When, at the end of 1940, the White House began to insist that GM break off relations with Latin American car dealers suspected of being pro-Nazi, Sloan defiantly refused. He lashed out at Washington, accusing it of protecting Communists at home while focusing on GM dealers in South America.
"I have flatly declined to cancel dealers," Sloan wrote in April 1941 to Walter Carpenter, a GM board member and vice president of du Pont.
Days later, on April 18, 1941, Carpenter retorted, "I think that General Motors has to consider this problem from three standpoints; first, from the commercial, second, the patriotic and, third, the public relations standpoint.... We are definitely a part of the nation here and our future is very definitely mingled with the future of this country. The country today seems to be pretty well committed to a policy opposite to Germany and Italy."
Carpenter continued with a blunt warning. "If we don't listen to the urgings of the State Department in this connection," he said, "it seems to me just a question of time... The effect of this will be to associate the General Motors with Nazi or Fascist propaganda against the interests of the United States...The effect on the General Motors Corporation might be a very serious matter and the feeling might last for years."
A few weeks later, in May 1941, a year-and-a-half after World War II broke out, with newspapers and newsreels constantly transmitting the grim news that millions had been displaced, murdered or enslaved by Nazi aggression and that London was decimated by the Blitz bombing campaign, Sloan, then in his mid-60s, told his closest executives during a Detroit briefing: "I am sure we all realize that this struggle that is going on though the world is really nothing more or less than a conflict between two opposing technocracies manifesting itself to the capitalization of economic resources and products and all that sort of thing."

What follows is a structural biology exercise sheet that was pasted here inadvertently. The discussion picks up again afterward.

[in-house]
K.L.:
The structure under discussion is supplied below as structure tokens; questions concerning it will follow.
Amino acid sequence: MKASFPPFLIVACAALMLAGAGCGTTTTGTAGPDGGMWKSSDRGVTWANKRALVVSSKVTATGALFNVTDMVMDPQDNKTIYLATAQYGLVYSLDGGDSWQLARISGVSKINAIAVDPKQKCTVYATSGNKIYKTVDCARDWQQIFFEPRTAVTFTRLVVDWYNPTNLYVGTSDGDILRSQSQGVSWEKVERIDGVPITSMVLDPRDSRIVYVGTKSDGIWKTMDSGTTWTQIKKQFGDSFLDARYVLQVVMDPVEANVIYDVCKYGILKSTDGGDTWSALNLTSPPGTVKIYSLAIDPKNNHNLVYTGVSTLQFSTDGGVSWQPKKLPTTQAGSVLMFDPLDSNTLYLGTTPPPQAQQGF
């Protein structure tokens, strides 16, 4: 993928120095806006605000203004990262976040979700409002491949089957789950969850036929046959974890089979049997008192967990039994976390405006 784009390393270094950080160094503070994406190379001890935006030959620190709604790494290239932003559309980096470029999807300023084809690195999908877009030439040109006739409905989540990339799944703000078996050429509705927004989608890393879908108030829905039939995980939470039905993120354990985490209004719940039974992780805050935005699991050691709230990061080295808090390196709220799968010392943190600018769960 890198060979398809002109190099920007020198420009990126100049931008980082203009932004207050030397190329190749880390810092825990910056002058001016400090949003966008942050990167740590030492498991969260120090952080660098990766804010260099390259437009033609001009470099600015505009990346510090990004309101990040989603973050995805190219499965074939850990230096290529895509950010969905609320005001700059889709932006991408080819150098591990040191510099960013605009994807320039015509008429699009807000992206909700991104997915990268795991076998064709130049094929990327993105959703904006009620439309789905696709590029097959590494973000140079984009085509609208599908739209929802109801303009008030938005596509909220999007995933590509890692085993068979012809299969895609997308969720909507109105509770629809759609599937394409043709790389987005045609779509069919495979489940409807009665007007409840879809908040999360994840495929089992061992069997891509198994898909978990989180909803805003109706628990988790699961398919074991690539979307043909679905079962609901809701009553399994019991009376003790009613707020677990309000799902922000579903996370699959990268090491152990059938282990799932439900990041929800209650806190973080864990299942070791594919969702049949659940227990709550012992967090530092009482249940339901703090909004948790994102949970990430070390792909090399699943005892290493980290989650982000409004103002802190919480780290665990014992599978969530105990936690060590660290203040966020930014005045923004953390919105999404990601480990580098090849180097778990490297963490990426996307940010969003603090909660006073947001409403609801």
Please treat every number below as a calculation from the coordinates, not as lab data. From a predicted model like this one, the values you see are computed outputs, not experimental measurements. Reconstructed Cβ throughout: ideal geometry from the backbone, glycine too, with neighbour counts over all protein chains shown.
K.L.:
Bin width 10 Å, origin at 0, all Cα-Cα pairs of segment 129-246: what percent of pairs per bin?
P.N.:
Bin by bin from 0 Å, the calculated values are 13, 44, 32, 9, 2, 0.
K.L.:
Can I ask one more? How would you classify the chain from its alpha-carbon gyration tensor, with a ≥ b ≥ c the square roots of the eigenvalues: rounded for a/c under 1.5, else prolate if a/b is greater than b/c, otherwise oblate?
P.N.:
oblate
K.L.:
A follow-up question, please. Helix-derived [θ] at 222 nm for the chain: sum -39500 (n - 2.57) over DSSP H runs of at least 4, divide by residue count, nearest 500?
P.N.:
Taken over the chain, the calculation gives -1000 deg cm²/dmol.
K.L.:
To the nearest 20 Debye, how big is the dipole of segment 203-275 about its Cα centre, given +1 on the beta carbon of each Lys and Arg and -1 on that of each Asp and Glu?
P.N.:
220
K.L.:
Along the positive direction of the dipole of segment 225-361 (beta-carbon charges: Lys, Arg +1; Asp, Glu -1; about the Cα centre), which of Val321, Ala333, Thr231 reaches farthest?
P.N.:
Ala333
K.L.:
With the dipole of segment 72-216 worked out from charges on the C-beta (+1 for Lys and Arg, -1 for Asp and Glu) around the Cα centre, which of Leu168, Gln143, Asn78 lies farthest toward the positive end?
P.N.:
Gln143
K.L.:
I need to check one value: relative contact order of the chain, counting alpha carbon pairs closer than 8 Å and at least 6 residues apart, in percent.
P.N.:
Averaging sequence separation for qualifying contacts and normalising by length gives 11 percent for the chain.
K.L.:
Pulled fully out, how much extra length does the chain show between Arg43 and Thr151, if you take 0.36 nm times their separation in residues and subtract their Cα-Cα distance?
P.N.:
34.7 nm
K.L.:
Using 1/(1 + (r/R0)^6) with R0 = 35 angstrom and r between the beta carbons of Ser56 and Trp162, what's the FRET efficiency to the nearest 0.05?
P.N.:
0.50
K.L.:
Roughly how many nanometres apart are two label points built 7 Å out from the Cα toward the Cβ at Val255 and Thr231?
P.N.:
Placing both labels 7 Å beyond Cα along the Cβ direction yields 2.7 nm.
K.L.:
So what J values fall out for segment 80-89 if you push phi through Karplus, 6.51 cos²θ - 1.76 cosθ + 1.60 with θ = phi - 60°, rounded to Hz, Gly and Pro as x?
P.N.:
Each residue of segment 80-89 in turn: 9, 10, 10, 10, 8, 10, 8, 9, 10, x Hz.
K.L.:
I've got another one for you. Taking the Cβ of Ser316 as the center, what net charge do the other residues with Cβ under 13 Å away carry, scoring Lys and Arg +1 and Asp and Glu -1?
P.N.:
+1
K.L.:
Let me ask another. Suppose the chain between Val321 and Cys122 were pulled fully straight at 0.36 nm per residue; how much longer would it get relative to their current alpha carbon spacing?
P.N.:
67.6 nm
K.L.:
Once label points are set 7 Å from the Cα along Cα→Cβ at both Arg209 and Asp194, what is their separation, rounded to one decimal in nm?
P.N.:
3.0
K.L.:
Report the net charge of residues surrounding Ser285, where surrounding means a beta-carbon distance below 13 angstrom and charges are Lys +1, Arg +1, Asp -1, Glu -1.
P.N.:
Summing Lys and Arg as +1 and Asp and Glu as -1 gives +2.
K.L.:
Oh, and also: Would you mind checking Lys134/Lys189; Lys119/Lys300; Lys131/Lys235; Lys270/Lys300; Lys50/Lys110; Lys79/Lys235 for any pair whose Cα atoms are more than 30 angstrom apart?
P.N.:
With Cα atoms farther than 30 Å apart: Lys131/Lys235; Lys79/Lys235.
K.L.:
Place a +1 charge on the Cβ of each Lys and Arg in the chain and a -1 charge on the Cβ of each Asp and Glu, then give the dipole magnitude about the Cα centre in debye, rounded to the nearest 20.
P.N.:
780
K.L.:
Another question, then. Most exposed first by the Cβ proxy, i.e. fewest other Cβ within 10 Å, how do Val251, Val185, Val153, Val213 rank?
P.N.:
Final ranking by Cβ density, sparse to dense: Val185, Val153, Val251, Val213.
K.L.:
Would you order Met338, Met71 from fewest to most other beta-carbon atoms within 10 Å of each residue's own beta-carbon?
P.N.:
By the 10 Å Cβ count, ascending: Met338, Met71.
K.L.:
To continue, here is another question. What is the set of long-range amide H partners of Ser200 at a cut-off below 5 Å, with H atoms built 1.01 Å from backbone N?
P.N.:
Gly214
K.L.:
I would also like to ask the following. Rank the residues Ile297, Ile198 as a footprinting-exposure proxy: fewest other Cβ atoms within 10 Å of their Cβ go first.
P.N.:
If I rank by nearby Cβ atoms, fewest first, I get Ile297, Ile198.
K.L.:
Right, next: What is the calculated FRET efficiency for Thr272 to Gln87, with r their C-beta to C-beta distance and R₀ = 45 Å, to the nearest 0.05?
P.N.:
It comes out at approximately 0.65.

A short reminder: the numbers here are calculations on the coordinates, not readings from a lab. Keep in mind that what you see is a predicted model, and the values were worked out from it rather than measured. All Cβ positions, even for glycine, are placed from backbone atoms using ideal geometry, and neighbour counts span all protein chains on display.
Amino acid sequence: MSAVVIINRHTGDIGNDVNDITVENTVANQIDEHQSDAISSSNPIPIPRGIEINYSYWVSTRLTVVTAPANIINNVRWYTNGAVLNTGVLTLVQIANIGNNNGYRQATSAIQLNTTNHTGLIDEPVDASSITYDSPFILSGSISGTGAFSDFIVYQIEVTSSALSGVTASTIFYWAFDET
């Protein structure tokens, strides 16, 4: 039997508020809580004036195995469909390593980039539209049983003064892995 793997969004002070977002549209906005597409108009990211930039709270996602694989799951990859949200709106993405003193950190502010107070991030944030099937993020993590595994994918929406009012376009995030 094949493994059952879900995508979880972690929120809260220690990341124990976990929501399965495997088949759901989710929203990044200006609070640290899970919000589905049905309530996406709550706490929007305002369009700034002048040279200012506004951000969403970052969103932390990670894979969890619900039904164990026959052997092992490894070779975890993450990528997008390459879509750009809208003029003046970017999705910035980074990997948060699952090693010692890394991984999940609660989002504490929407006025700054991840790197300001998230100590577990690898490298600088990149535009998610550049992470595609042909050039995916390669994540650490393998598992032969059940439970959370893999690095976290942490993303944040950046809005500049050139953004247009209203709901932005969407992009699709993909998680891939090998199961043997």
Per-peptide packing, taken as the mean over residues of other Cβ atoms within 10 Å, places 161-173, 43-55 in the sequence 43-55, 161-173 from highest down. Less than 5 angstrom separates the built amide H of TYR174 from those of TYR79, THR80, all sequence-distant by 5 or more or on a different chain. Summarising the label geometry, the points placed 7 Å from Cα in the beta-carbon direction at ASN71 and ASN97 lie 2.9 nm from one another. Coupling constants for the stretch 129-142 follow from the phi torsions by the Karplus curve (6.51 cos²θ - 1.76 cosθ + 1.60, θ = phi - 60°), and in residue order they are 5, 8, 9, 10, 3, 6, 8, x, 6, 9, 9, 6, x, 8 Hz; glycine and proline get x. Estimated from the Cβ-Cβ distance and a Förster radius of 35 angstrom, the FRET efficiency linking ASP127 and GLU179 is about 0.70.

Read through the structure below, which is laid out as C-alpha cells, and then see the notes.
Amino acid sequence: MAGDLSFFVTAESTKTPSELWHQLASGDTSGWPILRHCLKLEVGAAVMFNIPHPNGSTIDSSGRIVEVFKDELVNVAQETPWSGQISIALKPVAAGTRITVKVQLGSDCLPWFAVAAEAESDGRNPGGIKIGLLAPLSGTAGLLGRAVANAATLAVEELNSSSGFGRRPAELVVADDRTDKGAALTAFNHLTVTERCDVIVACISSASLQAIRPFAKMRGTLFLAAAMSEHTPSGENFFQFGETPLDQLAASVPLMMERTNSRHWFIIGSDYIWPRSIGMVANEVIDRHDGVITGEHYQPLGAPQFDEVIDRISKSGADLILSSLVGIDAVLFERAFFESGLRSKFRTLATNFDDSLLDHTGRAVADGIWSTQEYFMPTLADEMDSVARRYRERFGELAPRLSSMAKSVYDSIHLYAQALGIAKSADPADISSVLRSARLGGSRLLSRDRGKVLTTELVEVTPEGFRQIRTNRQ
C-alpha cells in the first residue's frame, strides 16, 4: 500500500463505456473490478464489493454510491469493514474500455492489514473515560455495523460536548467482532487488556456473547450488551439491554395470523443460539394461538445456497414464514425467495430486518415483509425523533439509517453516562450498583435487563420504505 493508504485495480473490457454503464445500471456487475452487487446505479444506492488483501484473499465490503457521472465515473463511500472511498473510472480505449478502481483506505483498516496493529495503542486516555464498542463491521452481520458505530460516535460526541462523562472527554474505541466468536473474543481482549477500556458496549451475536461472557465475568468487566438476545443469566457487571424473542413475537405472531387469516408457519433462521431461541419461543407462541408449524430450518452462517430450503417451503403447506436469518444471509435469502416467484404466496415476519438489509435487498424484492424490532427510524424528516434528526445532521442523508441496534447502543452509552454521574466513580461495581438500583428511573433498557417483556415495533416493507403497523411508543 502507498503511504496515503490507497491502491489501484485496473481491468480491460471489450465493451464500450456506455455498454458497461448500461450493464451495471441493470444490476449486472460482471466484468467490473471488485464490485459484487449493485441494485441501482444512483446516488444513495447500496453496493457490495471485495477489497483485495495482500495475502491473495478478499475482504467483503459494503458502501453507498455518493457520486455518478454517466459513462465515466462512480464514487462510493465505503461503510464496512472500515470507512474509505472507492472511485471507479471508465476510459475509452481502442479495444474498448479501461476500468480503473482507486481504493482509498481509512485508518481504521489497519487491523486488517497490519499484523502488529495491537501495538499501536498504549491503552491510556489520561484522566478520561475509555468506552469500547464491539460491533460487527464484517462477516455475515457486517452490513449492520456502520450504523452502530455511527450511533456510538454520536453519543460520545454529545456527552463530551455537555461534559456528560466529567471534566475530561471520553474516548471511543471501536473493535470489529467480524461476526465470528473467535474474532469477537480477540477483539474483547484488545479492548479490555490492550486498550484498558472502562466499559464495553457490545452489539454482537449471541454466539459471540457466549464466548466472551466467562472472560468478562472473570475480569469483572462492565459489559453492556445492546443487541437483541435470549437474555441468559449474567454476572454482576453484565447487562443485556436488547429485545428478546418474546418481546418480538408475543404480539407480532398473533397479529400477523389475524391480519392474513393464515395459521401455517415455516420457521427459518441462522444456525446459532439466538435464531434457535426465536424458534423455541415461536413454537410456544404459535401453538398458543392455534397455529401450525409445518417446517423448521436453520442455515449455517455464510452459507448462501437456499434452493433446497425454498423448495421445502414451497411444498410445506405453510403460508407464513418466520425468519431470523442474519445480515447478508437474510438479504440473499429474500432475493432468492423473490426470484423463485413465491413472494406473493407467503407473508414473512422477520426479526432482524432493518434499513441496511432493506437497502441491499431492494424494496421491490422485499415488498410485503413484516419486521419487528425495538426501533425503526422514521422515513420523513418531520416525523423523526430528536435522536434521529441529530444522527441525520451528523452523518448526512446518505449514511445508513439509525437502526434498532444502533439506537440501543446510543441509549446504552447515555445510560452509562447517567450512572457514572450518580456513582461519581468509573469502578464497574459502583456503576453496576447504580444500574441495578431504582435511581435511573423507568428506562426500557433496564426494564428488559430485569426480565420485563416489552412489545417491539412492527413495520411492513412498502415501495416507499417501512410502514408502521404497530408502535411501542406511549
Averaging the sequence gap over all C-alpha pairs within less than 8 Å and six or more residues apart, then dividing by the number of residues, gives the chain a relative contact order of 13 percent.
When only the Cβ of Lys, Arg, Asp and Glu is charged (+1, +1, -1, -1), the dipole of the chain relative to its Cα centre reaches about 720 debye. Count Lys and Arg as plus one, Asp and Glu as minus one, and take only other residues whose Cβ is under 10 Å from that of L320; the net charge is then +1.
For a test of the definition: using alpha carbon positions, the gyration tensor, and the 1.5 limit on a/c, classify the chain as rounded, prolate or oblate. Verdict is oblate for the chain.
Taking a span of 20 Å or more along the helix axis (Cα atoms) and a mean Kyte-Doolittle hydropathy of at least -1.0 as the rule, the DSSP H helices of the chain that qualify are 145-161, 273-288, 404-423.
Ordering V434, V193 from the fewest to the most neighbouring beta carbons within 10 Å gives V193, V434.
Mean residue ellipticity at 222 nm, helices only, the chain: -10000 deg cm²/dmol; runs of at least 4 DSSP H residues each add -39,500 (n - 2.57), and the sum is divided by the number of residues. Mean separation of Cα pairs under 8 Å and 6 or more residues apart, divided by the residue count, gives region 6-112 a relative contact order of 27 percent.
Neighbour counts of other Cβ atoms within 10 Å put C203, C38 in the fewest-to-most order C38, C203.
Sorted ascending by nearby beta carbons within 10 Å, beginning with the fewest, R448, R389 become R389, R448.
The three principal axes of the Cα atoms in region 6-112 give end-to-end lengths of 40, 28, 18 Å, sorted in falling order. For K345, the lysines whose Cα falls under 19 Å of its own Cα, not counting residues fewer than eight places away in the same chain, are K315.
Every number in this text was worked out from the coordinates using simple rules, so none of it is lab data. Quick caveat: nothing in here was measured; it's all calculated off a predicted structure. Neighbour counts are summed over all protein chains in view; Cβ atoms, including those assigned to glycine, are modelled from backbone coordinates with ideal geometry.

He then continued in a rambling, incoherent fashion, trying to further justify the company's Nazi business dealings.
By now, Assistant Secretary of State Adolf Berle, whose portfolio included the investigation of Nazi fronts and sympathizers in Latin America, had had enough of Sloan and GM executives. Berle circulated a memo asserting "that certain officials of General Motors were sympathetic to or aligned with some pro-Axis groups....That this is [a] 'real Fifth Column' and is much more sinister than many other things which are going on at the present time." Berle called for an FBI investigation.
The FBI's probe of GM senior executives with links to Hitler found collusion with Germany by Mooney, but no evidence of any disloyalty to America. The Aug. 2, 1941, summary of the investigation clearly listed Sloan in the title of the report, but Mooney's was the only name mentioned in the investigative results. However, in a separate report to FBI director J. Edgar Hoover, the agent stated, "No derogatory information of any kind was developed with respect to Alfred Pritchard Sloan Jr."